Don’t be mistaken; this is still music of great subtlety, never requiring histrionics to achieve its sometimes gutting effect. For immediate proof, sample “Clouds and Starlight”. Initially appearing as a straightforward lullaby, “Clouds and Starlight” presents the soundtrack’s most romantic side, with a heart-wrenching, unforgettable melody carried by the choir against soft strings. It’s the score’s most optimistic moment – and it has to be, because a look at the lyrics confirms that this is music meant to prepare a baby for its imminent passing from this world. It’s this delicate balance between personal tragedy and hope that permeates the entire Everybody’s Gone to the Rapture soundtrack, giving this deeply felt music its unabashed emotional resonance.
Curry’s impeccable handling of musical forces and material is the bedrock of the score’s success. Apart from her talent for delivering beautiful melody after melody, her orchestrations strike the perfect balance between clarity and richness. There is no shortage of intricate contrapuntal melody lines on longer tracks like “An Early Harvest”. Often enough though, Curry’s compositions are carried by solo instruments or voices – violin, piano, various woodwinds and most spectacularly, Elin Thomas’ voice. Her angelic soprano (almost located in boy soprano register) opens the soundtrack, announcing that this is music that will encompass the personal as much as the ecclesiastical – and thus the universal. It’s an ingenious way to articulate the idea of the “cosy catastrophe” – the end of the world seen through the eyes of ordinary people – through music.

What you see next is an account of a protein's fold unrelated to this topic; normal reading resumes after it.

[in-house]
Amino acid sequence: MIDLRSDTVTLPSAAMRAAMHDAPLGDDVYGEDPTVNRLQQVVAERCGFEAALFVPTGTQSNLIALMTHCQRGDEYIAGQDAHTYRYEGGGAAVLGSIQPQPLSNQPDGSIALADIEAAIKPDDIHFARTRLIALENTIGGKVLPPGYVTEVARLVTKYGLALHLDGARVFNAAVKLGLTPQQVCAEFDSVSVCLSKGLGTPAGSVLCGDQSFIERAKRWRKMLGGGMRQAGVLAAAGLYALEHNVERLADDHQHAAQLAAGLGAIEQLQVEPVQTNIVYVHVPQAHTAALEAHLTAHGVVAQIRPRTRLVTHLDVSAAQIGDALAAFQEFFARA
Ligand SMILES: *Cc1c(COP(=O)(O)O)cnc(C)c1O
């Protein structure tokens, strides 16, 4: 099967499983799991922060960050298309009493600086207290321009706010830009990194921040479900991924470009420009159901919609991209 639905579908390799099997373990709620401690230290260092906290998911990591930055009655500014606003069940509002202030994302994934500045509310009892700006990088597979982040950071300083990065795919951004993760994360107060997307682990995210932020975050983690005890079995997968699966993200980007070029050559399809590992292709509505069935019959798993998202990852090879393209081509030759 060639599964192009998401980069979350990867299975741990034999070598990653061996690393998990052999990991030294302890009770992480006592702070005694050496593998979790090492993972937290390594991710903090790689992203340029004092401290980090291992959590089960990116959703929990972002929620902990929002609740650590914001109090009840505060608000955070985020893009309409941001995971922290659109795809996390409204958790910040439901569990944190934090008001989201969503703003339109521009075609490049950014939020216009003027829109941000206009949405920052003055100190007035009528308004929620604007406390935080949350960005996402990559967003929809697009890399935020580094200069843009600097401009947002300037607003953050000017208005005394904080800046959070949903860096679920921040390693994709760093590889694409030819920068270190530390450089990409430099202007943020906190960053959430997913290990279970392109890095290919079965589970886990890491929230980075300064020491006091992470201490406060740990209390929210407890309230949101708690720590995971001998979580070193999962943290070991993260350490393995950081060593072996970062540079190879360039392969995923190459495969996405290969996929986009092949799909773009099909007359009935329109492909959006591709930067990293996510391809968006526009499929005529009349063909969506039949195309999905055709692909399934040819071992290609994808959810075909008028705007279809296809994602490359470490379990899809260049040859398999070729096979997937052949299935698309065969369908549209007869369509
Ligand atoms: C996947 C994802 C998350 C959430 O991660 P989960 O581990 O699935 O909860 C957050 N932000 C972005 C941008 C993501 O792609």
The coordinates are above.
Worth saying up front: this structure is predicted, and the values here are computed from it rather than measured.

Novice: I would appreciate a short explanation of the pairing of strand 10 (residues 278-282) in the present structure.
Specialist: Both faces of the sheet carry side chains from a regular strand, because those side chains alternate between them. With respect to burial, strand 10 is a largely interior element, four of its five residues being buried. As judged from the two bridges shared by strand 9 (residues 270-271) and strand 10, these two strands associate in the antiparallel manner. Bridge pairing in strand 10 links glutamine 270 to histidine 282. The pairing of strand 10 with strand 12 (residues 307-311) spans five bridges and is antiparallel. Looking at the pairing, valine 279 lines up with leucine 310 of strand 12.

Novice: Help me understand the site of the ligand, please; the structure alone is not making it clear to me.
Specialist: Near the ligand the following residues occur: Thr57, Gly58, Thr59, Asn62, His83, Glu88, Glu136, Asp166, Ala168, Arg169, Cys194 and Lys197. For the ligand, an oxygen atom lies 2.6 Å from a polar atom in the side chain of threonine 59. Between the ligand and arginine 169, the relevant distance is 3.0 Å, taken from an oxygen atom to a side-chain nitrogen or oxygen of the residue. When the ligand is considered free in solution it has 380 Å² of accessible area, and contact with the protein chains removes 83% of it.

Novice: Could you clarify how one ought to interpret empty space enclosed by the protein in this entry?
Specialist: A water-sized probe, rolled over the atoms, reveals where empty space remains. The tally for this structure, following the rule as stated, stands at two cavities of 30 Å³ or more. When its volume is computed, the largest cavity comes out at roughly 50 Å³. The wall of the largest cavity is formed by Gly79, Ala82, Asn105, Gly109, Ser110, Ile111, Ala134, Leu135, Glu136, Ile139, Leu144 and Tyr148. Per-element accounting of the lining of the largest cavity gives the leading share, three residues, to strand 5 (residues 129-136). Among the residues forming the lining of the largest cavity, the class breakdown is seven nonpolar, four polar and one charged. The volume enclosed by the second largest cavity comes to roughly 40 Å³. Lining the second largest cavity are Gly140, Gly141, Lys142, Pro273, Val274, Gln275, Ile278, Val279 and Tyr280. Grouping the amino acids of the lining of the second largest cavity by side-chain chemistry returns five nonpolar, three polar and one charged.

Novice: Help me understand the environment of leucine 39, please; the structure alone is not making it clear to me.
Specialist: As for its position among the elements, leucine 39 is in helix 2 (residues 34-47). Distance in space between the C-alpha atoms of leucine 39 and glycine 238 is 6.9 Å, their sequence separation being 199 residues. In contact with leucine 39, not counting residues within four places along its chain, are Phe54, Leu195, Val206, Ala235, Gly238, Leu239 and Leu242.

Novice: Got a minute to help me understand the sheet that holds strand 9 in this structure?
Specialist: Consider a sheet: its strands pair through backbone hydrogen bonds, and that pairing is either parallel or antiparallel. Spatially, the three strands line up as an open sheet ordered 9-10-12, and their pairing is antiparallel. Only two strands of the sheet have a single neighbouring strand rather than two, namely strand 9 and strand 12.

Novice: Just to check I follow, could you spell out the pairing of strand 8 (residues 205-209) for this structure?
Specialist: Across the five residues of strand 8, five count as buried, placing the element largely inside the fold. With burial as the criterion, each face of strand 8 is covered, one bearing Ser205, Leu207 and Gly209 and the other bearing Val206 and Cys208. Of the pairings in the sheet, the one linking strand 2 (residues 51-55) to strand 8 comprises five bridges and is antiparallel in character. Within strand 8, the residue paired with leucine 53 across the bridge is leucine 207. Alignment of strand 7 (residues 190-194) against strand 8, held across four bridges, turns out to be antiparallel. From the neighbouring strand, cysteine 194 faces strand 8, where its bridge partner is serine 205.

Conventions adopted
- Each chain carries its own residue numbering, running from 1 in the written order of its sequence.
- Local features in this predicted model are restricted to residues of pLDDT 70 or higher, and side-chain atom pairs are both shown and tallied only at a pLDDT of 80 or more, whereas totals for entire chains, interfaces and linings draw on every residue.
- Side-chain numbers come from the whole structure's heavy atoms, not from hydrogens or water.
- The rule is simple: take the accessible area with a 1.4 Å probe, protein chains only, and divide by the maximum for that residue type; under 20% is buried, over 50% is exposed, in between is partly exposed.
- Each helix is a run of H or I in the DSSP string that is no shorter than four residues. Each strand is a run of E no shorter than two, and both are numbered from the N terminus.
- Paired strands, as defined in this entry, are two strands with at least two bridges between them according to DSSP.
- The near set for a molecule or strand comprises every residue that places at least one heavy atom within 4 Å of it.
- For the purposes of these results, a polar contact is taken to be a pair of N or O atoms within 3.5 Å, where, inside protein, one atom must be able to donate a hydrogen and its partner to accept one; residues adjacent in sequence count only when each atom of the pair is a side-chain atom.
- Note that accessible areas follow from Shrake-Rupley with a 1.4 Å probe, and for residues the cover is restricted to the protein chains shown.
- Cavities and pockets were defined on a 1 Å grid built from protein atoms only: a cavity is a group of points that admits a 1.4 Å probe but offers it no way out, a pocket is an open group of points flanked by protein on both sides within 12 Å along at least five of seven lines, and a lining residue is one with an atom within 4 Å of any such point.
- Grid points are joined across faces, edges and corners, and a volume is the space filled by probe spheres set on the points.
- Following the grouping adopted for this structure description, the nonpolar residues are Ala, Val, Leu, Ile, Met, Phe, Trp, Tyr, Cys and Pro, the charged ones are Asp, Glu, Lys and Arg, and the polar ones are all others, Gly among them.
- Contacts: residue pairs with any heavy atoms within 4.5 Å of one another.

In musical terms, this balance between the personal and the universal results in a constant feeling of solemnity and calm restraint, at the same time allowing for profoundly intimate musical reflections. These are often articulated through co-director Dan Pinchbeck’s lyrics that circle – not surprisingly – around the themes of yearning, loss and death. The Everybody’s Gone to the Rapture soundtrack features a prominent vocal component – solo voice or choir – which proves fundamental to its storytelling ambitions. The game’s developers envisaged for the soundtrack to be able to tell the game’s narrative on its own, even without visuals – and so it does.
Rapture’s storyline constantly returns to the sense of regret that its protagonists feel and how their past weighs heavily on them, separating them from the ones they love. That feeling of quiet dejection and yet insistent hope to overcome separation is evident throughout the entire soundtrack. Adding to this, Curry’s clever use of choir not just addresses the scale of the game’s narrative, but also evokes a sense of history – of past events that have left their indelible scars. This is particularly the case on the haunting “Carry Me Back to Her Arms”, where the heart-felt, pleading lyrics collide with the choir’s plainchant and its rigid, composed rhythmic progression.